Jail for people smuggler ‘sends a warning’

A 10-year prison term recently handed to a people smuggler who helped organise a boat carrying 50 illegal arrivals to Australia sends a clear warning, the immigration minister says.


Iraqi-born Hosiene Mohamed, 44, was extradited to Perth from Germany to face trial and was convicted in February of organising at least five non-citizens to come to Australia.

The Royal Australian Navy intercepted SIEV 185 at Ashmore Island in September 2010 and found 56 people onboard, including four Indonesian crew and passengers predominantly from Kuwait and Iraq.

They were all taken to Christmas Island where seven of them identified Mohamed as the person they dealt with to come to Australia.

WA District Court Judge Richard Keen said in sentencing that the people were under stress and in danger in their own country, and some gave evidence of being arrested and beaten.

“They were persecuted because of their backgrounds or religious or political beliefs,” he said.

“They had to leave their country, otherwise they would be imprisoned, tortured or may even be killed.”

The court heard the price to get to Australia was between US$6500 and US$8000.

Judge Keen said Mohamed’s pseudonym of Sayed Hadar was well known as the “go-to man” and it “beggars belief” that the seven people who testified about dealing with him were the only ones.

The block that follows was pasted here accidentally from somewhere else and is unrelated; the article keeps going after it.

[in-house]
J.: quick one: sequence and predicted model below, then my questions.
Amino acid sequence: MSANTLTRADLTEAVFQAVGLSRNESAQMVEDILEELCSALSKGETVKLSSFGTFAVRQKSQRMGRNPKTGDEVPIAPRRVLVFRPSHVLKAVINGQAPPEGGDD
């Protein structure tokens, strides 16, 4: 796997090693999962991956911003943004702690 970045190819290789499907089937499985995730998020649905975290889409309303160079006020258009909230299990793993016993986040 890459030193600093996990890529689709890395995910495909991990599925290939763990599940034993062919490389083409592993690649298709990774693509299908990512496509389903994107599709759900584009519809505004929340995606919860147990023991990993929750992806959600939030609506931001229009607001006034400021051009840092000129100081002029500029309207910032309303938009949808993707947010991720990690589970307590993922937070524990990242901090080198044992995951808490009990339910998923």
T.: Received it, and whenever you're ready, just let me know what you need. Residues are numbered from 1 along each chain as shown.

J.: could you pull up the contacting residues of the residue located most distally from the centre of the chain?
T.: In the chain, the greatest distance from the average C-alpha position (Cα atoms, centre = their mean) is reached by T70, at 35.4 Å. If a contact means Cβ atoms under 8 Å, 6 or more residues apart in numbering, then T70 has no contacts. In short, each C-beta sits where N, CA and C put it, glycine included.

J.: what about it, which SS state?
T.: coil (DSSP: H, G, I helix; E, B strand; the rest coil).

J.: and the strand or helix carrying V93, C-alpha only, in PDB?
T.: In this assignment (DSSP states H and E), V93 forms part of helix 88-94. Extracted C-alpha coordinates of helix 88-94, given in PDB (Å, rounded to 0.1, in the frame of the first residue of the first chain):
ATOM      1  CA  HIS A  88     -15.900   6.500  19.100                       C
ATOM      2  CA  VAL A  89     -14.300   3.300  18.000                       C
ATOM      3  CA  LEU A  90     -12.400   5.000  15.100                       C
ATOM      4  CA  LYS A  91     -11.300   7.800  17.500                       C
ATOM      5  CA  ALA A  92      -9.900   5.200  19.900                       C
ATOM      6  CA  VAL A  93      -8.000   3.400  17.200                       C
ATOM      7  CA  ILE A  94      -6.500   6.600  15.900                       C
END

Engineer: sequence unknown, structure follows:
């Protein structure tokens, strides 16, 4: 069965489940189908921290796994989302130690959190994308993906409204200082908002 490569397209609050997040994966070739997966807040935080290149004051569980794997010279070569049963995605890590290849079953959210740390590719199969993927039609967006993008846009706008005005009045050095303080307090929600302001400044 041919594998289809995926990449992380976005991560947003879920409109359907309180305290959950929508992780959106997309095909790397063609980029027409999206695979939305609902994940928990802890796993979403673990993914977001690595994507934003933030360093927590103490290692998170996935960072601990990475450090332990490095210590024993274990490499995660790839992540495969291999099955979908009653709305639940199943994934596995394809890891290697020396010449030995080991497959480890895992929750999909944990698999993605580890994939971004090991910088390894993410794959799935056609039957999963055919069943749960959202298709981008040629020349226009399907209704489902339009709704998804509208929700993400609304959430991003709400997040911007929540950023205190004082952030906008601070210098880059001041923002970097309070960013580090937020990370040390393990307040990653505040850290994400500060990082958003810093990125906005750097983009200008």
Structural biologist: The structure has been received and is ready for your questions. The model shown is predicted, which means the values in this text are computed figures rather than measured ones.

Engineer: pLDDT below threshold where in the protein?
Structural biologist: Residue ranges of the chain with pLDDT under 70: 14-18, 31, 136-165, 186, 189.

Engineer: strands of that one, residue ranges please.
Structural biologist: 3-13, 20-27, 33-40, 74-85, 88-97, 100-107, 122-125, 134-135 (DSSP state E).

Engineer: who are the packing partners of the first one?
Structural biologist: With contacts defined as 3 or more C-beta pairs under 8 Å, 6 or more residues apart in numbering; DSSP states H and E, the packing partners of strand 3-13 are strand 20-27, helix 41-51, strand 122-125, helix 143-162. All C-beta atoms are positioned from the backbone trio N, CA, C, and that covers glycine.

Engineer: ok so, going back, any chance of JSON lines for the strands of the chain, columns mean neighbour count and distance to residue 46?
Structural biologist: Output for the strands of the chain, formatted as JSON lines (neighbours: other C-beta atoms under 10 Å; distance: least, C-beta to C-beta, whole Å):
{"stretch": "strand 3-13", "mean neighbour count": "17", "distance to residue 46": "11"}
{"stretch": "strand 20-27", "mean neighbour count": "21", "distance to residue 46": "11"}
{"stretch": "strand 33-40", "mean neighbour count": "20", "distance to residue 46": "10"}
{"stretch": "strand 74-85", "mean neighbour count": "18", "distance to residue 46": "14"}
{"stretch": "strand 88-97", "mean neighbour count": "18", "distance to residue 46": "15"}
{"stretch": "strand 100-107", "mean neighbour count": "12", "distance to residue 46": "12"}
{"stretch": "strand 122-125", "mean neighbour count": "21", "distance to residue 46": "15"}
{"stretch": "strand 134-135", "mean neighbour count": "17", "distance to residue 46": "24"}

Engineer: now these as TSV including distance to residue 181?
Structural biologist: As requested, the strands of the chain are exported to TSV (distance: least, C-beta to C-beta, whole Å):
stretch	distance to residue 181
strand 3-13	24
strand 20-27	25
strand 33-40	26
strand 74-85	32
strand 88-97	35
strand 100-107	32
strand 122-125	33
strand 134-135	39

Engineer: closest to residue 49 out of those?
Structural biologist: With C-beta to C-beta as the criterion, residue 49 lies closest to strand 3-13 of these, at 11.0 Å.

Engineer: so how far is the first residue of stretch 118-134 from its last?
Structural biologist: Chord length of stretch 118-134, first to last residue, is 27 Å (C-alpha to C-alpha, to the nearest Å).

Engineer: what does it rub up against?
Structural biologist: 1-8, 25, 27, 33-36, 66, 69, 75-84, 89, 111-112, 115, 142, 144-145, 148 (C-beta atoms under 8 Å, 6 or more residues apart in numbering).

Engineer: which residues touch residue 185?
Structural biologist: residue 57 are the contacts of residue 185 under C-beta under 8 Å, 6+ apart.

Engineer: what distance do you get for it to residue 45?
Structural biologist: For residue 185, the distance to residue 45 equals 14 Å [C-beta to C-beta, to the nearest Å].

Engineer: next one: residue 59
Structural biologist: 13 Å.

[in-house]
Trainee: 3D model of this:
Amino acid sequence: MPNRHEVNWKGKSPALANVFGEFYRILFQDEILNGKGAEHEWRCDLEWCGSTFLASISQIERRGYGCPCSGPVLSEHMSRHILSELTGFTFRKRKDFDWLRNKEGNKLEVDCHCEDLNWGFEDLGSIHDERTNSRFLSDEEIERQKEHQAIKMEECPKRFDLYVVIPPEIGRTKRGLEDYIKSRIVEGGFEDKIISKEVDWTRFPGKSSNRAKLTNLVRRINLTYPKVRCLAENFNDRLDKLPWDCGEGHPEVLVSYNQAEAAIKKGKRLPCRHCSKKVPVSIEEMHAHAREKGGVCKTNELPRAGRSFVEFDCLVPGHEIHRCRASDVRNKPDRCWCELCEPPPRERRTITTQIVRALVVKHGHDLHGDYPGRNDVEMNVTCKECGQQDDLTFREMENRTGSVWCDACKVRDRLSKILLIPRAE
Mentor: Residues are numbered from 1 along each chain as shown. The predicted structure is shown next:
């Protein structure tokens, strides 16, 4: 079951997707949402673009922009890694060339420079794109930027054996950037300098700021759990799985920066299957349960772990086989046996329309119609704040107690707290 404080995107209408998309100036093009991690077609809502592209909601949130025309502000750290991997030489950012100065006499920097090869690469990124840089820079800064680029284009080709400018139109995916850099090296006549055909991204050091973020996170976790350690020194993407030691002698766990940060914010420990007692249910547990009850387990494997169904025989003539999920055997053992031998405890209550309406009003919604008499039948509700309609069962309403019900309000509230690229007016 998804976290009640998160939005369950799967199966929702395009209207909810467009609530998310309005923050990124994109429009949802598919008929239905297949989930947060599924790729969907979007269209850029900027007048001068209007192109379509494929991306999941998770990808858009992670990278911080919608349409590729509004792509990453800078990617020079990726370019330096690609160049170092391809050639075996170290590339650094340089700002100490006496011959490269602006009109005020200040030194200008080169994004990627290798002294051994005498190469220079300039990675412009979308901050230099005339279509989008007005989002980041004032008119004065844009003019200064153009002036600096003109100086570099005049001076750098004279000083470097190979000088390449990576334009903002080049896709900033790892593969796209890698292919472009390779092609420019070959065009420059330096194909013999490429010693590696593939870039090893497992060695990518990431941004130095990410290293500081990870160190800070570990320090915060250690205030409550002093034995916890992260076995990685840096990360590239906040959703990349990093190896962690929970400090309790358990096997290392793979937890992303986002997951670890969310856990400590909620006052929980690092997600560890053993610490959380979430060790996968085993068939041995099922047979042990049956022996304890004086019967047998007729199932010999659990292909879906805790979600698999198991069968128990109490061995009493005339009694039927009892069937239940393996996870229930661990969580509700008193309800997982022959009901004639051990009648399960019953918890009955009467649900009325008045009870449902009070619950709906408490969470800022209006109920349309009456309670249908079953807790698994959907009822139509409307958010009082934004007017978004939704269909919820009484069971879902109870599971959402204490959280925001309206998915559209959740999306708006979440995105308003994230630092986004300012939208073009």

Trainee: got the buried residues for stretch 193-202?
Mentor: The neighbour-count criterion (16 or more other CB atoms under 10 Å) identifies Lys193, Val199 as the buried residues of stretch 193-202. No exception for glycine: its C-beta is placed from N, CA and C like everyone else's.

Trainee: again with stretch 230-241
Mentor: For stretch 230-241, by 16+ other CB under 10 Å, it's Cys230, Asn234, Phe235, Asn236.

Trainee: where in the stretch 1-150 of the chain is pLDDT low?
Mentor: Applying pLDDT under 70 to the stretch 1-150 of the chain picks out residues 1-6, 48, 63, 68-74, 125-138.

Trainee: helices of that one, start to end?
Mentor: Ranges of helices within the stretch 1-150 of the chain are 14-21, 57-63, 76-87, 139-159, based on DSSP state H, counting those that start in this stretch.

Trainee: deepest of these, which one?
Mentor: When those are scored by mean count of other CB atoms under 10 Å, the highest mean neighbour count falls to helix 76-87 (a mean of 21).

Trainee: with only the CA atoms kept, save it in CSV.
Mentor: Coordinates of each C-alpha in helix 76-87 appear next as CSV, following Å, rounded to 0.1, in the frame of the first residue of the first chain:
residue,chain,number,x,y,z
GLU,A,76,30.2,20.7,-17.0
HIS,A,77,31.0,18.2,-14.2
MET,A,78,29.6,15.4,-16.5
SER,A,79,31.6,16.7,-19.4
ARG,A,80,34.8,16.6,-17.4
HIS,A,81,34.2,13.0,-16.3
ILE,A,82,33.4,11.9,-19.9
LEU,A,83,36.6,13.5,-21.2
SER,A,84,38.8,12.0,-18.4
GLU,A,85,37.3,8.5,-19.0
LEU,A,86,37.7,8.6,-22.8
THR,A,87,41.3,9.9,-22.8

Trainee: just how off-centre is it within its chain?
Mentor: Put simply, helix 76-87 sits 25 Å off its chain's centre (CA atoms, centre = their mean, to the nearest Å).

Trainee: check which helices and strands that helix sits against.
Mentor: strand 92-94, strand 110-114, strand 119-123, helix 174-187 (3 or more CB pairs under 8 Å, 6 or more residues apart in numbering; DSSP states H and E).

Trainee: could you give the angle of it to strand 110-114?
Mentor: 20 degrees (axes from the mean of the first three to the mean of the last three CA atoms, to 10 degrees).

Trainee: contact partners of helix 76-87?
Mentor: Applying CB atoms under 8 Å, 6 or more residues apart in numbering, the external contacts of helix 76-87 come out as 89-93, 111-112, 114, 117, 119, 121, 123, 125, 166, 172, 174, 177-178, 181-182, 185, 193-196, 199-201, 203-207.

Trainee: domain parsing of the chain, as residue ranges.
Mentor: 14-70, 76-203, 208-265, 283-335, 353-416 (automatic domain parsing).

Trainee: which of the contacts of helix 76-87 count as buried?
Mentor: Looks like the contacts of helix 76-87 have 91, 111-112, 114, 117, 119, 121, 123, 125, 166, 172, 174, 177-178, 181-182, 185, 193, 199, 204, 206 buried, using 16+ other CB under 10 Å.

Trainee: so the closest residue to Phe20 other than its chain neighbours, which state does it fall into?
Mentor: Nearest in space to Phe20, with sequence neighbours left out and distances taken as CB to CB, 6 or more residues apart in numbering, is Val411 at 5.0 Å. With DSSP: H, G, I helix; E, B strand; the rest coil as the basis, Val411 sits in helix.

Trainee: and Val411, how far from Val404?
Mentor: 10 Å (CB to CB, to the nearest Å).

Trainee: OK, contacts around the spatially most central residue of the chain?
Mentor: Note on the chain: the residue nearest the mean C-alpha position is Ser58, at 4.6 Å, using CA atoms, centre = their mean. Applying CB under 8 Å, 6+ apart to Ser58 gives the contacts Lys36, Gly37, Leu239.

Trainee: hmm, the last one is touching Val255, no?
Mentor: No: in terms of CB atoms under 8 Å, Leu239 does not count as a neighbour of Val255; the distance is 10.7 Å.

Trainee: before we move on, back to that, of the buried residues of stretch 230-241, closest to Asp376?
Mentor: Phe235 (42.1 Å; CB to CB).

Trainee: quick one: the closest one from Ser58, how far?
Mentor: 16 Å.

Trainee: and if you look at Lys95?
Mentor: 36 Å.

Mohamed obtained a visa to come to Australia in 2007 and was later given residency in Australia after he was jailed and severely tortured in Iraq for 20 months for becoming involved in an organisation that worked against the Saddam Hussein regime.

“It must have been a great relief for you to be accepted in this country. However, you have abused that sanctuary and hospitality,” Judge Keen said.

Mohamed was sentenced to a minimum of seven-and-a-half years behind bars.

There are currently 18 people serving a sentence in Australian prisons for people smuggling.

Immigration and Border Protection Minister Peter Dutton said on Thursday that the case showed the success of Operation Sovereign Borders.

“This sentence highlights the seriousness of the illegal people smuggling trade and further reinforces our determination to pursue those involved,” he said.